When Ted came home from work, soaked to the waist even though his umbrella was the size of a table for six, I threw myself on him in excitement and told him I had taught the dog a new game. I was as proud as if I had just typed a full novel in 23 days, which is what they say Stephen King always does.
“What a good mother you are,” Ted said, “teaching him a rainy-day game. Most mothers would just plunk him down in front of the television set.”
When we moved to the Upper East Side, our repertoire of rainy-day activities increased. This is a neighborhood where, starting at age three, all the children are sent to riding school at the Claremont Riding Academy, impressionistic painting classes (in oils) at the Metropolitan Museum of Art, then to flute lessons with a man who used to play with the New York Symphony. After a short break for toast and tea with their etiquette instructor, the children would be on to French lessons at the Alliance Française.
On the Upper East Side your dog could have a quadruple pedicure at Lolly’s Pet Salon, or go for a temperature-controlled swim at Biscuits and Bath. Then, after being washed, dried and fluffed by an aesthetician at the club, your dog could accompany you to the Regency Hotel, where waiters in white gloves would pour chilled Evian into a silver dog dish, and then serve him a warm dish of chicken, broccoli and rice. Twenty bucks if just the dog ate. Forty if you treated yourself. But you can’t do any of this wearing a plastic bag.
Luckily, Petco was just a few blocks away from our apartment. And, as you all know, “well-behaved” dogs are allowed inside the store, provided they are on a leash. Petco doesn’t even mind those dogs who leap up onto the biscuit bar and steal a couple of treats, because there are always security guards around who will narc on you and you will be forced to pay for the treats. This is a New York thing, I think—the security guards in a pet store. I heard that one time an Akita peed on one of them—a quick squirt to the pant leg—and the dog was banished for life. But then people on Manhattan Dog Chat got word of the banishment and threatened to sue Petco for breed-specific discrimination.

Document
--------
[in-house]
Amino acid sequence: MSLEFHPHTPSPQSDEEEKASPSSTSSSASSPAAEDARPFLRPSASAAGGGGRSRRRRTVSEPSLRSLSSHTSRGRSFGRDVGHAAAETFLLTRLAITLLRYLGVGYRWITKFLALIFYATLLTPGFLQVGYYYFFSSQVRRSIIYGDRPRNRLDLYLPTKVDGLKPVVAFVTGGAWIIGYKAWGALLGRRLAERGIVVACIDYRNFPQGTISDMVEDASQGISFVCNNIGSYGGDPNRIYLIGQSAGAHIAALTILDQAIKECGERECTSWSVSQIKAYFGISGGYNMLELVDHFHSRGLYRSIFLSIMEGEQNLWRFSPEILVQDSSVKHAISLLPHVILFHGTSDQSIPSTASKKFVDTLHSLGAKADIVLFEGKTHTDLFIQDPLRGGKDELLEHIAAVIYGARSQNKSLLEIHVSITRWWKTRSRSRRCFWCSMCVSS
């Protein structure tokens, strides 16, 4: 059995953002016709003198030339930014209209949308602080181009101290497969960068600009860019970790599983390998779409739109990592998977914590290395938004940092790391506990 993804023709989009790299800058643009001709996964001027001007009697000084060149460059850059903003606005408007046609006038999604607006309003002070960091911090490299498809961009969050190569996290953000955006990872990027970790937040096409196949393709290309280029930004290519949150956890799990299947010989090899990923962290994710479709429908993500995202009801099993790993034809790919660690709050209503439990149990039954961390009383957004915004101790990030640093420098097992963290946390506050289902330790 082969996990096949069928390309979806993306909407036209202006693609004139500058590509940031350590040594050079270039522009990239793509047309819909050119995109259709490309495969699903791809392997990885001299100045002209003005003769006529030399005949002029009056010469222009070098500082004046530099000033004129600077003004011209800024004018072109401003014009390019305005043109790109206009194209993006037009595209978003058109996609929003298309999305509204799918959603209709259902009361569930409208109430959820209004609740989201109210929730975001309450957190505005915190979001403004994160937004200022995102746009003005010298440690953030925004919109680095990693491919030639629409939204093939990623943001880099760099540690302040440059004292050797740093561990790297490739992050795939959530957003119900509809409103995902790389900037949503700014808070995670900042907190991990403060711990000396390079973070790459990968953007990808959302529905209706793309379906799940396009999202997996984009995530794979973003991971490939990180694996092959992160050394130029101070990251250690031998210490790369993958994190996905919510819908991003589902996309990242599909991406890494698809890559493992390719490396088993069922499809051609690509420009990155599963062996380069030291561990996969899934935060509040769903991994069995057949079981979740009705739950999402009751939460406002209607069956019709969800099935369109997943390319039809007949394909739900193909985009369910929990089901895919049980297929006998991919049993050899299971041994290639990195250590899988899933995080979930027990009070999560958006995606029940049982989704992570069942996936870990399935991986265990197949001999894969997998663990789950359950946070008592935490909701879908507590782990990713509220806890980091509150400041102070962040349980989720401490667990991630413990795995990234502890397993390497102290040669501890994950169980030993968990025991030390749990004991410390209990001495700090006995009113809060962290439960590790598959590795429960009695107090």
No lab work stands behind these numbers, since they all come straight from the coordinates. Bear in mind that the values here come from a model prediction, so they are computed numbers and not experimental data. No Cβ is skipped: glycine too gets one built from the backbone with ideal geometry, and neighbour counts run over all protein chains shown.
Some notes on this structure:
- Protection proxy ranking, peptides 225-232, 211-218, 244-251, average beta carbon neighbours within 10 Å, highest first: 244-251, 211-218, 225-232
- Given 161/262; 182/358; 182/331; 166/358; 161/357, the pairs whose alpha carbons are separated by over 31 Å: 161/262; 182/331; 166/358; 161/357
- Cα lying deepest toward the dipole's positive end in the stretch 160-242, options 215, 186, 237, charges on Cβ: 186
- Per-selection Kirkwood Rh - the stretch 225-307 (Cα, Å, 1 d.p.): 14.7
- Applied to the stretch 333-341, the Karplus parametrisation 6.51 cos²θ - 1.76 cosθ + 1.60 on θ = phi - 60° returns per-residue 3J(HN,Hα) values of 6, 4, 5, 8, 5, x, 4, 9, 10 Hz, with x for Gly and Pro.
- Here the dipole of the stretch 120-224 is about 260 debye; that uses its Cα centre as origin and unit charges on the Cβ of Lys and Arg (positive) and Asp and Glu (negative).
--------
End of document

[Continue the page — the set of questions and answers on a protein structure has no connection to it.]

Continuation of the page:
Anyway, my dog did not pee on anyone at Petco; nor did he jump onto the breakfast bar. He seemed to know that those biscuits, in their unnatural colors of orange and green, were not fit for canine consumption. Plus, I had told him that most commercial dog food was made of euthanized animals, elephant carcasses and baseball gloves, and reminded him that such food was beneath him. “Remember, you are a French Spaniel, and as a Frenchman, you must value your food.”
Instead, he would pull me to the second floor, where all the fish, birds and rodents were kept. It always smelled to me like sawdust up there, and indoor/outdoor carpeting; but to Wallace, with his heightened sense of smell, it must have smelled like the rainforests of Costa Rica, or the hedgerows of England. As we walked past the sealed terrariums full of gerbils, hamsters and tiny white mice, his nose quivered, his eyes narrowed into pinpoints, and his right foreleg rose into a hunting point. His face was focused and full of anticipation, and I realized this was the same look I had as I walked though the shoe section at Barneys: I want one of those, and one of those, and two of that pair...
Wallace would rush up to each terrarium and press his face against the glass. Oddly enough, the rodents never noticed him. They would continue spinning on their little wheels, or nibbling on grass, their little pink noses twitching and their tiny red eyes focused on the task at hand. If they had noticed him I would have taken Wallace away, because I don’t like to frighten other living creatures, but I never saw them blink or shiver. I wondered if they were sedated. Or if their cages were sealed so tightly they got no real air.